Despite these immense studies on the taxonomy of Arvicanthis along all ranges of its distribution, additional morphological, chromosomal and molecular investigations are necessary to understand the connection between this karyotypic diversity and to evaluate their distribution limits and support the earlier suggestions of its taxonomy. In addition, earlier chromosome data varied among authors in the ordering of chromosome pairs within karyotypes, hence making comparisons of the available data quite difficult. As a consequence, the extent of intraspecific chromosomal variation and interspecific karyological differences remained to be assessed. In this context, the necessity of a standardized chromosome nomenclature and the study of larger samples from more widespread geographical areas have become crucial. Moreover, the cytogenetic conclusions concerned with the occurrence of a single form ANI-1, or cytotype, of A. niloticus in Egypt are primarily based in many cases on a single locality samples. Hence, it was found useful and crucial to carry out a detailed survey study of Arvicanthis populations in Egypt, with the major objectives of 1) scoring of all possible forms of this species throughout all parts of its distribution in Egypt, 2) identifying and characterizing the karyotypes of these forms, 3) assessing the karyotype evolution among these forms by examining the C-banding pattern and 4) comparing the present data with that available in the literatures on A. niloticus from Egypt and other countries and particularly on the Ethiopian species in an attempt to clarify their cytogenetic relationship.
MATERIALS AND METHODS
Adult individuals of the grass rat Arvicanthis niloticus (Lesson, 1842) were collected from the following four localities in Egypt with the use of live traps baited with tomato and cucumbers and placed in the croplands: Al-Sharqiya (30°30-45 N-31°15-45 E, 35 m a.s.l.), Al-Minufiya (30°30-00 N-30°10-50 E, 40 m a.s.l.), El-Faiyum (29°20-35 N-31°6-7 E, 15 m a.s.l.) and El-Minia (28°25-15 N-30°45-50 E, 35 m a.s.l.). The collecting sites and the corresponding samples sizes are indicated in Fig. 1. The animals were intraperitoneally injected with 0.05% colchicine solution (0.01 ml/g body weight) and one hour later killed with chloroform. Mitotic chromosomes spread from the femoral bone marrow cells were prepared by the air drying technique using the method of Yosida (1973), with a slight modification (Shahin and Ata, 2001). About 100 metaphase spreads from each animal in the different population localities were examined and the karyotype from each population was determined based on five to ten well-spread metaphase cells. Chromosomes were measured under Olympus BX 51 microscope using the Soft Imaging System (SIS) analysis program (Version 3.0) edited in 1999 by Soft Imaging System GmbH, Germany and classified according to the system proposed by Green and Sessions (1991) and as described by Shahin and Ata (2001). C-bands were attained by using the standard protocol of Summner (1972), with major modification (Shahin and Ata, 2004). About 100 to 200 metaphase plates from both males and females of each individual in each locality were examined and good spreads (about 20-30) from each locality were scored and photographed using Olympus BX 51 microscope with a C-4040 zoom digital camera.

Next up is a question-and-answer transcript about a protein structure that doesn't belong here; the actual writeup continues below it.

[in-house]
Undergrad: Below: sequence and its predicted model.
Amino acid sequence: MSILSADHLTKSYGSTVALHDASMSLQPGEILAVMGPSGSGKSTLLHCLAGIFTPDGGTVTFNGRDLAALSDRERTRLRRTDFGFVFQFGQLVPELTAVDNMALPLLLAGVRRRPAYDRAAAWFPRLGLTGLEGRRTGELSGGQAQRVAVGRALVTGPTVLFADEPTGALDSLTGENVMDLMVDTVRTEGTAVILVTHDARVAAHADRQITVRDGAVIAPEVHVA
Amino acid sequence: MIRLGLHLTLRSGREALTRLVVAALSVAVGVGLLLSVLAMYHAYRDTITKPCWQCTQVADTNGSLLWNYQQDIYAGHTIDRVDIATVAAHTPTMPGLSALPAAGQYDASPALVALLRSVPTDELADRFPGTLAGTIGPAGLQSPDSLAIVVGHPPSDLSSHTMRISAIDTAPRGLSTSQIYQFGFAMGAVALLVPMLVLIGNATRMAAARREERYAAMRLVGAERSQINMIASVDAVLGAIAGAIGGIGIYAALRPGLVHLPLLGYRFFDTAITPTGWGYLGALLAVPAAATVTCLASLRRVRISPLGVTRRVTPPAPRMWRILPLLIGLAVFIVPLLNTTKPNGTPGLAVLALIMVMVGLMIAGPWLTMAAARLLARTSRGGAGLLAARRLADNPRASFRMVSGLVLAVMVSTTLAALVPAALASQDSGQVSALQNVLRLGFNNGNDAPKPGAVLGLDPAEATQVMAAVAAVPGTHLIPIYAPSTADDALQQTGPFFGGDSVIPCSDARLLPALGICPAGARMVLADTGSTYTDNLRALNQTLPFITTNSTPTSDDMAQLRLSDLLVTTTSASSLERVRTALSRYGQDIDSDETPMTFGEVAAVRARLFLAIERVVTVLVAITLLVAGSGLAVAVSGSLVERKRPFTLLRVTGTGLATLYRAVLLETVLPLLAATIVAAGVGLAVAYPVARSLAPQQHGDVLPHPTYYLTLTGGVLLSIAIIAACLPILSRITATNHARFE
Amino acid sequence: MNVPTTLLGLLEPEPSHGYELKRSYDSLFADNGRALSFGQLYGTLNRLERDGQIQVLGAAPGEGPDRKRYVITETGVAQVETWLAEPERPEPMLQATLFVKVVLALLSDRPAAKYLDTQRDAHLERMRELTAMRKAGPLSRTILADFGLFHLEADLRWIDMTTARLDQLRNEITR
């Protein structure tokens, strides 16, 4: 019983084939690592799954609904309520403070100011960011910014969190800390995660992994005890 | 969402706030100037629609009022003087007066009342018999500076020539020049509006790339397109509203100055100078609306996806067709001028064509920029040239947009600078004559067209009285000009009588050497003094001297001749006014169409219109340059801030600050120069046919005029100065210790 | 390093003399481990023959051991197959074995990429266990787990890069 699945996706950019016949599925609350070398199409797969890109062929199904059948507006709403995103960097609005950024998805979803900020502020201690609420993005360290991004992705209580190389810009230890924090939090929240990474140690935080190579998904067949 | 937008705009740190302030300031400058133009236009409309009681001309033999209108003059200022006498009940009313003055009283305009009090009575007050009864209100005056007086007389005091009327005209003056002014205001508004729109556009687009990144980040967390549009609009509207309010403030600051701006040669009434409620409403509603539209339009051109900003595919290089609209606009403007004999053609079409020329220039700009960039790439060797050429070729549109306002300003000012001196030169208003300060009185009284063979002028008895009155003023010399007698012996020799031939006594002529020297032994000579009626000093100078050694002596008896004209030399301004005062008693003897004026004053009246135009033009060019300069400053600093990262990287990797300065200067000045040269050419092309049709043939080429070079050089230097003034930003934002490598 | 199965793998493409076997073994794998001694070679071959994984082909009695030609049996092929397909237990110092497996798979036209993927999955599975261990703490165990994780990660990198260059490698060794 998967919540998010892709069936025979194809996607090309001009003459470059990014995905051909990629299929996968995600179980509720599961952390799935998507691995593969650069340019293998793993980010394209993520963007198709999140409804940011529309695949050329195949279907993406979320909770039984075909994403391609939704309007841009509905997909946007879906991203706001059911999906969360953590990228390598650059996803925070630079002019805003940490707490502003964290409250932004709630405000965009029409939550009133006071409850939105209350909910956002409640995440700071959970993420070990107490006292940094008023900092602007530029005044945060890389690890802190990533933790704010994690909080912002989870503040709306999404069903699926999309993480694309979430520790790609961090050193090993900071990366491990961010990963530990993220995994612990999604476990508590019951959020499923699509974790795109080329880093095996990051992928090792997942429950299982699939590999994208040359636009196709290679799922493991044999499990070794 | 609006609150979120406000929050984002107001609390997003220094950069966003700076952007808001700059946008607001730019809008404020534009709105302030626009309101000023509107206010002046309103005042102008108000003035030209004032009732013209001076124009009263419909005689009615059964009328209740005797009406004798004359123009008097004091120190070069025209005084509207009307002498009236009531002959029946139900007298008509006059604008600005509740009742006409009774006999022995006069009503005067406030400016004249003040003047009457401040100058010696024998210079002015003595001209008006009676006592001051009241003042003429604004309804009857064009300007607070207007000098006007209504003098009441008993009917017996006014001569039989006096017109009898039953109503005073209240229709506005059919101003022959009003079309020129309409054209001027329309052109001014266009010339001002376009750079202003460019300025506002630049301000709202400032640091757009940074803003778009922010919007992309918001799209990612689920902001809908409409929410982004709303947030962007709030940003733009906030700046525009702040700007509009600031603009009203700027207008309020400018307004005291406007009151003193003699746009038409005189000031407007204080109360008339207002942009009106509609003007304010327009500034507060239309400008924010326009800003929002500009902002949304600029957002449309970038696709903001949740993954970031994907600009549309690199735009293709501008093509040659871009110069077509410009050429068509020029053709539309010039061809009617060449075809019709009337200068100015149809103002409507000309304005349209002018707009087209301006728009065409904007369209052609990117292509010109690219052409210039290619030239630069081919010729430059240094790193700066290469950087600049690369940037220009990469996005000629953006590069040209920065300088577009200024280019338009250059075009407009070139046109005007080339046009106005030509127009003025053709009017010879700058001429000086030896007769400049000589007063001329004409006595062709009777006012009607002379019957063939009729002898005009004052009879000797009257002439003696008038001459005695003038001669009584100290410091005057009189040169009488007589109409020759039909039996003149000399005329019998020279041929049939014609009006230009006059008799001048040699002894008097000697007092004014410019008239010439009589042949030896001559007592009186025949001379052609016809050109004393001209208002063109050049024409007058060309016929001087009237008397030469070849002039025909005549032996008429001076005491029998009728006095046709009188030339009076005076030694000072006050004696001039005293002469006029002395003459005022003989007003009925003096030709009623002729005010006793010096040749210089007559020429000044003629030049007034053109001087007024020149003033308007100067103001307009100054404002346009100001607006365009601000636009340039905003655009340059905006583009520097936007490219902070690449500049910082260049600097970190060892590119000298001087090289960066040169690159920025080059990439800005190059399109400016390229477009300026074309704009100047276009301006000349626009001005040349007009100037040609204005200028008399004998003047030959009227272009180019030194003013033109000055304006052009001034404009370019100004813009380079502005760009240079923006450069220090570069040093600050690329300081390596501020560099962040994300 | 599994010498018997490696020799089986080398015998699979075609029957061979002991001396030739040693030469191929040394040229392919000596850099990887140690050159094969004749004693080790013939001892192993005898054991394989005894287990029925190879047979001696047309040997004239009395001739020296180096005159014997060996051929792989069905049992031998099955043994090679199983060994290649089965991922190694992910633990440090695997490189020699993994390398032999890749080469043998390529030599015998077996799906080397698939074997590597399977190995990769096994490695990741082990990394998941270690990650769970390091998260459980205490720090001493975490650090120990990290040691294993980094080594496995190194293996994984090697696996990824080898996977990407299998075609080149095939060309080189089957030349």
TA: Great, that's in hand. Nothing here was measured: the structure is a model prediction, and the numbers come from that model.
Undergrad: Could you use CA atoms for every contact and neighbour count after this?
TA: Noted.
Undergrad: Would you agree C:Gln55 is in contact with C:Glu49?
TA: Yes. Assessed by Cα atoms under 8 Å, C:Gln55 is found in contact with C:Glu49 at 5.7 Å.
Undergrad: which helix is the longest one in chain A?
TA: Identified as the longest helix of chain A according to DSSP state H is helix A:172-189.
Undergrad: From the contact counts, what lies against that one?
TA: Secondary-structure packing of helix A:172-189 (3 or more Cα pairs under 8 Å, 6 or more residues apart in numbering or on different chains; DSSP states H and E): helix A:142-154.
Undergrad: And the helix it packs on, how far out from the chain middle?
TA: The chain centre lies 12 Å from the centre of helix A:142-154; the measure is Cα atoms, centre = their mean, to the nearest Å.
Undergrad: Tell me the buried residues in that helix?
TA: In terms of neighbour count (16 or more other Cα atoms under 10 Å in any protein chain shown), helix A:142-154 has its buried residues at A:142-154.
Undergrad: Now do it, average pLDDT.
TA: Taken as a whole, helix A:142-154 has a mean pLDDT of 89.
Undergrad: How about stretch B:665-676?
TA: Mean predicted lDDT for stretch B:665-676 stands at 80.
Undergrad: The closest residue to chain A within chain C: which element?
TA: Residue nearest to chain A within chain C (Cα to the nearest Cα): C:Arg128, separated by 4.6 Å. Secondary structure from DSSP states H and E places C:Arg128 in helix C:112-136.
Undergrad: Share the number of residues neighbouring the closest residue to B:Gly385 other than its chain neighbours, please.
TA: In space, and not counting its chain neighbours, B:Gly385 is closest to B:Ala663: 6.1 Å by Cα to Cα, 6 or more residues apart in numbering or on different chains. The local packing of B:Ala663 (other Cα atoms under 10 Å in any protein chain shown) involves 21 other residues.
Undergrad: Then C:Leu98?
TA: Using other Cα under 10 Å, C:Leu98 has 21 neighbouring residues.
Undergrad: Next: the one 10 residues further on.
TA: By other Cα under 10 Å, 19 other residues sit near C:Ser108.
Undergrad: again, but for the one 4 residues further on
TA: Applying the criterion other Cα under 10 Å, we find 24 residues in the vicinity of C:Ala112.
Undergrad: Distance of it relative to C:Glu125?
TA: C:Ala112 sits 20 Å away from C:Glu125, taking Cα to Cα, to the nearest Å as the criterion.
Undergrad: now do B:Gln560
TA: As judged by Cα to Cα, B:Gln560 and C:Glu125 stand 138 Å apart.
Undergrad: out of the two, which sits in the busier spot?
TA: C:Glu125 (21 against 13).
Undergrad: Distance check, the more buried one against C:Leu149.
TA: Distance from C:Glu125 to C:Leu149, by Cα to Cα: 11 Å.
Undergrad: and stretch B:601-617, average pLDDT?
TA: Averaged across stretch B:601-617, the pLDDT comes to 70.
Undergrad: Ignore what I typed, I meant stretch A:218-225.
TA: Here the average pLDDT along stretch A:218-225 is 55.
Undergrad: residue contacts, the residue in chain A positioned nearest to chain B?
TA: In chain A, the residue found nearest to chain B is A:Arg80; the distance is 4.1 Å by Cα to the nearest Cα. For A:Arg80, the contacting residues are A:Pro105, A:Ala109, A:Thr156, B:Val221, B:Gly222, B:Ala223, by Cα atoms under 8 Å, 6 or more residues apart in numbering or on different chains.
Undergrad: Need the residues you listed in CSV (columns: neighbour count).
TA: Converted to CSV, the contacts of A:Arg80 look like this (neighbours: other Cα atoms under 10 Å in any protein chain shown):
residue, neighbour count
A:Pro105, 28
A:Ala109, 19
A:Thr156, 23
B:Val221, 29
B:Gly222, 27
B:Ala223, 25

|Fig. 1:||A map showing the geographic localities from which individuals of Arvicanthis niloticus are collected. The localities and samples sizes are: Al-Sharqiya: 23, Al-Minufiya: 9, El-Faiyum: 9 and El-Minia: 19|
The C-banding karyotype was determined and prepared as previously mentioned in the conventional preparation technique.
Basically, the karyotype of A. niloticus (primarily designated as ANI-1) from the four localities surveyed in this study consists of a diploid number (2n) of 62 chromosomes and an autosomal Fundamental Number (aFN) of 62. Of the 62 chromosomes, the X chromosome appears here as a large subtelocentric depending upon the arm ratio values; however, it is previously described by many authors as a large submetacentric (for references see discussion), while the Y chromosome is a medium-sized metacentric. The remaining 60 autosomes are variable-sized acrocentrics (telocentrics), except the pair No. 25 which is metacentrics and, therefore, they are arranged in a graded series according to their lengths (Fig. 2a). Nevertheless, frequent variation in the morphology of the homologous chromosomes of the pair No. 1 and the X chromosome is scored among individuals of some localities (Fig. 2b and 3, Table 1).
|Fig. 2:||Karyotype and C-banding pattern of males of A. niloticus. (a) Cytotype ANI-1a showing the basic karyotype of 2n = 62 and aFN = 62; note that the X chromosome is clearly subtelocentric (arrows), while the Y is metacentric. (b) Cytotype ANI-1b showing the heteromorphism in the chromosomes of the pair No. 1, one chromosome is telocentric, while the other is subtelocentric (arrow). Note, the female XX chromosomes are added|
|Table 1:||A summary of chromosomal characteristics of the four forms or cytotypes scored for Arvicanthis niloticus from the four localities surveyed in Egypt. Measurements are given in μm and data are presented as means±(SE). Abbreviations: m = metacentric; sm = submetacentric; st = subtelocentric; t = telocentric (acrocentric)|
|* = Male individuals have the same chromosome morphology; = Cytotypes are not scored in these localities|
Consequently, as the result of this heterozygosity and of the relative sympathy between some populations, particularly between El-Faiyum and El-Minia localities, four forms or cytotypes could be recognized within the karyotype of the 60 individuals of A. niloticus examined from the four localities (Fig. 2 and 3, Table 1). A detailed description of the four karyotypic forms is as the follows:
This type represents the basic karyotype of A. niloticus and it is recorded in a total of 39 individuals (15 ♂ and 24 ♀) from the 60 individuals collected from the four localities: Al-Sharqiya (4 ♂ and 12 ♀), Al-Minufiya (3 ♂ and 4 ♀), Al-Fayiyum (4 ♂) and El-Minia (4 ♂ and 8 ♀). The karyotype consists of 2n = 62 chromosomes and aFN = 62. All the autosomes, including the pair No.1, are acrocentrics except the pair No. 25 which is metacentric. The X chromosome is a large subtelocentric, while the Y chromosome is a medium-sized metacentric (Fig. 2a and Table 1).